Opinion » Ted Rall

It Depends On Your Definition of Free

Bush gives 15 million Muslims more reasons to hate us


SEATTLE--George W. Bush says lots of nice things about President Nursultan Nazarbayev. On September 29, he portrayed the leader of Kazakhstan, who came to Washington for a state luncheon, as a "steadfast partner in the international war on terrorism." Nazarbayev, according to Bush and U.S. state-controlled media, is leading a transition to democracy and liberalizing his nation's economy. He's been lauded for privatizing old Soviet-era state industries and inviting foreign companies to invest in the exploitation of what may be the world's largest untapped oil reserves. Kazakhstan, Bush says, "now is a free nation."

It depends on what your definition of "free" is.

Considering that his Central Asian neighbors are ruled by megalomaniacal despots (Turkmenistan) and mass murderers (Uzbekistan), or disintegrating into anarchy and civil strife (Kyrgyzstan and Tajikistan), President Nazarbayev's regime appears relatively benign. But he's merely the best of a bad lot. Scratch the gloss of the gleaming energy-boom-funded skyscrapers rising over the Kazakh metropolises of Almaty and Astana, and it becomes clear that the United States is giving the red-carpet, 21-gun salute treatment to another right-wing dictator of the variety we propped up during the Cold War. Back then, selling out our democratic values undermined our credibility on human rights and provoked anti-Americanism. Today, the same policy is sowing the seeds of the next 9/11.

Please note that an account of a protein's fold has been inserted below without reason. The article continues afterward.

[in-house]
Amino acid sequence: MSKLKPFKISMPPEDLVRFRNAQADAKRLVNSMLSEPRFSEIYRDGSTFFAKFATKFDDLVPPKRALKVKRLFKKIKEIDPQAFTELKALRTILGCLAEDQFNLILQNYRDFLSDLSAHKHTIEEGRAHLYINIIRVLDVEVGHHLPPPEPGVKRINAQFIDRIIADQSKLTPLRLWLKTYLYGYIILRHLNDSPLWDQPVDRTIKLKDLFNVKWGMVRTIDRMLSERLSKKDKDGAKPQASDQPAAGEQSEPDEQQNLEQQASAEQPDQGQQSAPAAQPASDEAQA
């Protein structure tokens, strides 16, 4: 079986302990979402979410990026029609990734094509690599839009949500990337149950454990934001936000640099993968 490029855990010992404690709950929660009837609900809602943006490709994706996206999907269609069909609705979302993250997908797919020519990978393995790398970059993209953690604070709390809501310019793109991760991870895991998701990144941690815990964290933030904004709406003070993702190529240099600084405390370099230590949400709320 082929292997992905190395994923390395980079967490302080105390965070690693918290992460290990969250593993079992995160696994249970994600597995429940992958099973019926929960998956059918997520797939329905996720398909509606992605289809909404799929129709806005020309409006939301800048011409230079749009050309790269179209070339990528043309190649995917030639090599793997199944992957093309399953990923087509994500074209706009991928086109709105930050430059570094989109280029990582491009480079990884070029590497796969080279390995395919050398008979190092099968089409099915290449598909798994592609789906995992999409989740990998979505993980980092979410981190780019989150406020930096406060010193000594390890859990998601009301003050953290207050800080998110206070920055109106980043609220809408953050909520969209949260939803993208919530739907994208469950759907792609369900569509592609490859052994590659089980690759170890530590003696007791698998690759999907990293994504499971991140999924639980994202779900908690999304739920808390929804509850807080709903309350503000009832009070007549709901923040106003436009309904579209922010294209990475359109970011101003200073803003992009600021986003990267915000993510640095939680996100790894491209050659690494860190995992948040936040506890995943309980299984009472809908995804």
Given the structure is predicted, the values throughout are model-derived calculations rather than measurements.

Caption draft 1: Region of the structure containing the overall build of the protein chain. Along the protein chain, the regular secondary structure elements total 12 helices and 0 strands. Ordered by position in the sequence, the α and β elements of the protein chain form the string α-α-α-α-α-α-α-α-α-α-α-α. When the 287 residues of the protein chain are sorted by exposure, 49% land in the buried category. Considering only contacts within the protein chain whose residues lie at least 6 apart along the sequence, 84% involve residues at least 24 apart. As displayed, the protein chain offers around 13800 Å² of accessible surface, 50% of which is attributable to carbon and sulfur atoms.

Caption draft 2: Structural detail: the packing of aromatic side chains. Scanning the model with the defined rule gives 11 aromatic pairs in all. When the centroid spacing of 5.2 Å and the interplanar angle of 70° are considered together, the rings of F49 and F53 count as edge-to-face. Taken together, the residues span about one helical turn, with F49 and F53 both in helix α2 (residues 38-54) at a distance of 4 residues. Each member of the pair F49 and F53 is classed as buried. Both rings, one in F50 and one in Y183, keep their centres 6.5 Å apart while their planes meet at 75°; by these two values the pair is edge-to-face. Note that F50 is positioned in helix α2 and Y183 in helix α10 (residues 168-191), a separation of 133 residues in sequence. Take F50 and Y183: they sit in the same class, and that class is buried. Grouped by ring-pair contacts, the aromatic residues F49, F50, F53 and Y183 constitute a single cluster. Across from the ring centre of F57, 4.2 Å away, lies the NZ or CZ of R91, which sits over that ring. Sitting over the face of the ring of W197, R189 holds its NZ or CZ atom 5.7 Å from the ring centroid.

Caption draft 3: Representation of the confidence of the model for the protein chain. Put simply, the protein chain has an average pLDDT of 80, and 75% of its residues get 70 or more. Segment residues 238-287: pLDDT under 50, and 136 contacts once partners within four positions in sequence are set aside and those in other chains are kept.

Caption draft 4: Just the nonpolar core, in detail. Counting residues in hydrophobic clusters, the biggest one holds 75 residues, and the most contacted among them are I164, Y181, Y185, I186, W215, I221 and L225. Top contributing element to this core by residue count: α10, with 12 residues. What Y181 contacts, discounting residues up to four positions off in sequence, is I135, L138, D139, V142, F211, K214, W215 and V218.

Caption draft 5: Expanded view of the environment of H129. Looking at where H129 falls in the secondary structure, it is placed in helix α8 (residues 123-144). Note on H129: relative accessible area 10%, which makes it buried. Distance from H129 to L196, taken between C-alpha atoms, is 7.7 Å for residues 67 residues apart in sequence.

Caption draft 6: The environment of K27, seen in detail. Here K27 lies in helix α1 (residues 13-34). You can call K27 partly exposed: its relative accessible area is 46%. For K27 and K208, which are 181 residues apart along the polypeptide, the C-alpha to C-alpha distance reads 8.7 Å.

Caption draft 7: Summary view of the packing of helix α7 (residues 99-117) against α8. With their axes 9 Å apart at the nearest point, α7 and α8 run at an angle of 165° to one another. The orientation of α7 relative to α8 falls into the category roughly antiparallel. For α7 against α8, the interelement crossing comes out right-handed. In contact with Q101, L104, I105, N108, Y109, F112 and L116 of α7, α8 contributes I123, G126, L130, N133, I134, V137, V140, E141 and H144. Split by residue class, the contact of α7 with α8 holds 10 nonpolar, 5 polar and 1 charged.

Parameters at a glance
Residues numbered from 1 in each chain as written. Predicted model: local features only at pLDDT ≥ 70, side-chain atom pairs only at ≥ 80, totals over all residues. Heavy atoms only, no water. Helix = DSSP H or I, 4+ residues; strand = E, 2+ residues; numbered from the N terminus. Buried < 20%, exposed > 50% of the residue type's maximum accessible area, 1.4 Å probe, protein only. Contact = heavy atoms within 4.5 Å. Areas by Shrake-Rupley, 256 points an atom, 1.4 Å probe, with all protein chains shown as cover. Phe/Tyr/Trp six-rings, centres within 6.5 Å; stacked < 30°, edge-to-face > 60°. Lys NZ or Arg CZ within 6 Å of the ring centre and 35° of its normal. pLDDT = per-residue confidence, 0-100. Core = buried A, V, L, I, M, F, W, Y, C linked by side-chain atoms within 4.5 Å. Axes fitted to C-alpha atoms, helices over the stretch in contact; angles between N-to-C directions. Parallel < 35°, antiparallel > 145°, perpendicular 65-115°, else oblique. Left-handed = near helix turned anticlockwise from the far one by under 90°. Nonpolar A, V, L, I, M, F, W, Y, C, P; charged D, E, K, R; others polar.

Nazarbayev, the Communist Party boss of the Kazakh S.S.R. at the time of the 1991 collapse of the Soviet Union, has been Kazakhstan's strongman since independence. He points to the 91 percent of the vote he received in the most recent presidential election as proof of his popularity, but international observers universally condemned the December 2005 vote as tainted by fraud and violence.

It would have been difficult to lose an election like this. Galimzhan Zhakianov, leader of the main opposition Democratic Choice of Kazakhstan (DVK) party, had been rotting in prison since 2002. Finally, early in 2005, Nazarbayev had the DVK banned entirely for "inciting social tension" and "extremism." A few weeks after promising to release evidence that Nazarbayev and his family were involved in oil-related corruption, Zamanbek Nurkadilov, a former Nazarbayev cabinet minister who joined the nation's sole remaining viable opposition party, For a Fair Kazakhstan (NAZ), was found dead at his home in Almaty, a pistol lying at his side.

Nurkadilov had been shot three times--twice in the chest and once in the head. Kazakh authorities ruled his death a suicide.

Even after he won another seven-year term, misfortune continued to befall Kazakhs who spoke out against Nazarbayev. On February 13, 2006, reported Radio Free Europe, the bodies of Nurkadilov's replacement as NAZ leader and four aides "were discovered on a desolate stretch of road outside Almaty...their bodies riddled with bullets and their hands bound behind their backs." Altynbek Sarsenbayev had recently announced his own intention to release proof of Nazarbayev and his cronies' misuse of oil revenues.

The government blamed five rogue officers of its KNB (ex-KGB) security service for the contract killing. No one believes the official story.